This is part 3 on using the built in WordPress Gallery features. Part 1 and Part 2 are recommended reading also.

So, you’ve created a few galleries, you’ve got your single image page looking spot on with all the details and EXIF data displaying. However when you create a new gallery what happens on the front page of your site? If you’re display the full post, the whole gallery will display. If you’re displaying an excerpt, you’ll get a short excerpt if you’ve set one. Personally I like the way Matt Mullenweg has set his blog up. You get the full post if it’s a standard blog post, but if it’s a new gallery it will display a thumbnail from the gallery, along with a short excerpt and the number of photos in that gallery.

So how can we mix these together on the front page? First off we need to ensure that the code we put in place only affects the gallery posts and not the standard posts. So this is easily done by checking which category the post is in:

<?php if (in_category('3')) {
// add our code for dealing with a gallery post here
} else {
} ?>

Note, the ID of 3 used above is the category ID. You’ll need to check your categories and replace 3 with the ID of your gallery category.

Now we need to work out the code.

Retrieve a Photo

To get a photo we take the ID of the gallery post and use the get_posts() function to retrieve the images associated with that post. This is relatively easy and the following code will get one image randomly for us:

$args = array(
'post_type' => 'attachment',
'numberposts' => 1,
'post_status' => null,
'post_parent' => $post->ID,
'orderby' => 'rand'
$attachments = get_posts($args);
foreach ($attachments AS $attachment) {
// code to display the image goes here

The above code will randomly pull out just 1 attachment connected to the post currently being displayed in the loop. We then use the foreach() loop to retrieve the information from the $attachments array. We can retrieve any information from the database record for this image, however we just need the URL of the image, the title of the image and its record ID ie.

$alttxt = $attachment->post_title;
$imgid = $attachment->ID;
$fileurl = $attachment->guid;

Unfortunately that’s not all there is to it for getting the thumbnail. The $fileurl value will contain the original image’s URL, ie. our large version. We need to display the thumbnail, not the large file. When an image is uploaded it will be resized into a medium and thumbnail size. All 3 files are stored in the same location as

  • Original: filename.jpg
  • Medium: filename-600×400.jpg
  • Thumbnail: filename-150×100.jpg

The second two filenames are basically filename-widthxheight.jpg so these figures will depend on your settings under Options – Miscellaneous.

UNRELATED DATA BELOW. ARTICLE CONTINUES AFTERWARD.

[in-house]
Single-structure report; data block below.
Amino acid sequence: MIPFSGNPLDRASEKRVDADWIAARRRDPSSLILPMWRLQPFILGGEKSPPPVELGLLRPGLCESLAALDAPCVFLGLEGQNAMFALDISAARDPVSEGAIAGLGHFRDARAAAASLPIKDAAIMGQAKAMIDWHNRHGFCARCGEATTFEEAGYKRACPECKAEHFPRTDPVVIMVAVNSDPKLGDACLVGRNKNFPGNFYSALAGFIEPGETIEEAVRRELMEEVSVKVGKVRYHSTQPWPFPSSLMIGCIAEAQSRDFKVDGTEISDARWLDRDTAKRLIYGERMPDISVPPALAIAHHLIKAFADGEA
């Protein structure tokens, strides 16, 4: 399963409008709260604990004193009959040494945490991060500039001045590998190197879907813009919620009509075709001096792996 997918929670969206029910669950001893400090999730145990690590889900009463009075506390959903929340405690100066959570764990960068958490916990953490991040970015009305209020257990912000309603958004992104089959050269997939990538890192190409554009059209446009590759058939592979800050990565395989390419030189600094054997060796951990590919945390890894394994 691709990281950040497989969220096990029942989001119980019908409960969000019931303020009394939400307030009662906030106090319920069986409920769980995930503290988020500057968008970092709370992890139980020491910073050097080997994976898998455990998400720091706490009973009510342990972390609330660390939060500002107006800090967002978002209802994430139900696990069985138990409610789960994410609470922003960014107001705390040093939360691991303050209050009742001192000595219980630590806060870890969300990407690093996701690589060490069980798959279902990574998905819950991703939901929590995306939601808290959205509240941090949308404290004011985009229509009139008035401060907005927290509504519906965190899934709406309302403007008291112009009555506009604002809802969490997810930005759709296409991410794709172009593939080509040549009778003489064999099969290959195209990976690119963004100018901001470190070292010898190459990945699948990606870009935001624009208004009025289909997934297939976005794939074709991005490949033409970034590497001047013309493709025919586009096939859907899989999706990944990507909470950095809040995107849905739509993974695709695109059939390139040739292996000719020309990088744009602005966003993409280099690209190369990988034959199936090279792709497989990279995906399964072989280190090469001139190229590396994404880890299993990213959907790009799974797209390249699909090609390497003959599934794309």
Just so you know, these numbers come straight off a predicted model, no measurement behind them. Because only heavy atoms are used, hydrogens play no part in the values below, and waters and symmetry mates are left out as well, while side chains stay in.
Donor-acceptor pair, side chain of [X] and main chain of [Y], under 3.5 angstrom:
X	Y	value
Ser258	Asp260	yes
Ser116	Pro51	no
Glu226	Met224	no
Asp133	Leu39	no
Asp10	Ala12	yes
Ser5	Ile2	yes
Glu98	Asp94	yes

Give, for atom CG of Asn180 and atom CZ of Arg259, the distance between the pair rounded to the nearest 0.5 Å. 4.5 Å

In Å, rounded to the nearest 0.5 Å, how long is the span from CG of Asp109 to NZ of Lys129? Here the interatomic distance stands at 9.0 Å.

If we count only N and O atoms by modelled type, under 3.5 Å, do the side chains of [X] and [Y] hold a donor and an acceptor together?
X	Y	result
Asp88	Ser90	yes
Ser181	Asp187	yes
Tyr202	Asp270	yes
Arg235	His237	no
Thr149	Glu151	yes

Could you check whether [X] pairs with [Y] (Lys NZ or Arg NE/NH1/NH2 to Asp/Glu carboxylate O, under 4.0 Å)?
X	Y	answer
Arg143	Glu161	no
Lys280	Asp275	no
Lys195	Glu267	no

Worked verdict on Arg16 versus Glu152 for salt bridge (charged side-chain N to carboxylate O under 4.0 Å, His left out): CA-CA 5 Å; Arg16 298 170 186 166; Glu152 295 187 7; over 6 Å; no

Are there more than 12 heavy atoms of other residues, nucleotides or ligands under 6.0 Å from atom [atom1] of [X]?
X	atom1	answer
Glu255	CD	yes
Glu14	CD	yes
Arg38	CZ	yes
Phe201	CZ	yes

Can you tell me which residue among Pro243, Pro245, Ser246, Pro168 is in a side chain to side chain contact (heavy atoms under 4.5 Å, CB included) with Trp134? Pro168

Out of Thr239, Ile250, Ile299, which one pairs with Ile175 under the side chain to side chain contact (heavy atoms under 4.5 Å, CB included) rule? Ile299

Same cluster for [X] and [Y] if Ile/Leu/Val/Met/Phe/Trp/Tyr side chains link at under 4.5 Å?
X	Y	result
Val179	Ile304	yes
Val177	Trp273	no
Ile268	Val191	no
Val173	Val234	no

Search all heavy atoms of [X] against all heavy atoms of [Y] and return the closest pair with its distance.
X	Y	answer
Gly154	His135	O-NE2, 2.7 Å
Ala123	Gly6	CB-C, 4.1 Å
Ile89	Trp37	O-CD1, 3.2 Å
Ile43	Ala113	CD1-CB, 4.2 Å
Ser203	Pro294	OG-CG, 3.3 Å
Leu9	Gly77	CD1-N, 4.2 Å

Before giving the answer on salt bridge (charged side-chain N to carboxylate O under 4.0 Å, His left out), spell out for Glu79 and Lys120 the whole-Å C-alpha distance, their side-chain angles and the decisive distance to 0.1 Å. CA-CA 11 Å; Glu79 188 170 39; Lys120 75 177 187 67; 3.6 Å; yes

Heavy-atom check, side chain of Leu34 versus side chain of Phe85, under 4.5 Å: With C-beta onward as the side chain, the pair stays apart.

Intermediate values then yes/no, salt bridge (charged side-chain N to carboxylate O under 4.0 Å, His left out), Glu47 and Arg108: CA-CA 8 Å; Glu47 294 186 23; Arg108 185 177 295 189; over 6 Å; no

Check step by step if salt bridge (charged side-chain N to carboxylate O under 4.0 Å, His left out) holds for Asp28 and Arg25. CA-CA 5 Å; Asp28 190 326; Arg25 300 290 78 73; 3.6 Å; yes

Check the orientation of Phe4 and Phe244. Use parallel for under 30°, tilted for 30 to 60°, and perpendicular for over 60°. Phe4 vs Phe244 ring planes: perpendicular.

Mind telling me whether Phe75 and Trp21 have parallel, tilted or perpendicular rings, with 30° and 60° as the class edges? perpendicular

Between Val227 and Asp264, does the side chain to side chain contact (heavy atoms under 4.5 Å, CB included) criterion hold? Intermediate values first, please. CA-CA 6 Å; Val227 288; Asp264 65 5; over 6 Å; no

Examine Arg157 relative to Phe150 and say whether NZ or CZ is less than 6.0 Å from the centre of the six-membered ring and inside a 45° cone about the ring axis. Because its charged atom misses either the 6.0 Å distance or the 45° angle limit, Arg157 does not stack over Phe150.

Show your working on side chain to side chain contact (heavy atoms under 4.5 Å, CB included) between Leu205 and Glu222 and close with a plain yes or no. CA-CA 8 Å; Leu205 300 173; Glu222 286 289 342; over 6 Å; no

So, we need to make filename.jpg become filename-AxB.jpg where A and B are the width and height of your thumbnail. Luckily we can use the EXIF data to work out the size of the thumbnail and added that into our image filename:

$meta = wp_get_attachment_metadata($imgid);
$imgw = $meta['sizes']['thumbnail']['width'];
$imgh = $meta['sizes']['thumbnail']['height'];
// now get the file extension and take it off our file url
$imgext = substr($fileurl, -4);
$fileurl = substr($fileurl, 0, -4);
// and now put it all together
$fileurl = $fileurl."-".$imgw."x".$imgh.$imgext

It’s a bit messy, but it will do the job. Whilst you can get the thumbnail file path directly from the EXIF data, this is the full file path and not the URL path, so at present the above is the best way I’ve found.

Count the Photos

It’s nice to be able to say how many photos are in the gallery, and this is easily done with a slight code change to the above. Instead of retrieving just 1 attachment we can retrieve them all, count how many are returned, but force the foreach() loop to only display 1. To retrieve all the attachments we change the line in our arguments array for the get_posts() function to

'numberposts' => -1,

Then to get the number of attachments returned we use the PHP array count() function once the get_posts() function as been executed:

$noimages = count($attachments);

The last thing we’ll need to do is make the foreach() loop only run once, so we use the break; command, which will break out of the loop.

The Final Code

So putting all of this together we get the following code:

[sourcecode language=”php”]< ?php if (in_category('3')) : // is a gallery post so alter the display $args = array( 'post_type' => ‘attachment’,
‘numberposts’ => -1,
‘post_status’ => null,
‘post_parent’ => $post->ID,
‘orderby’ => ‘rand’
$attachments = get_posts($args);
$noimages = count($attachments);

if ($attachments) {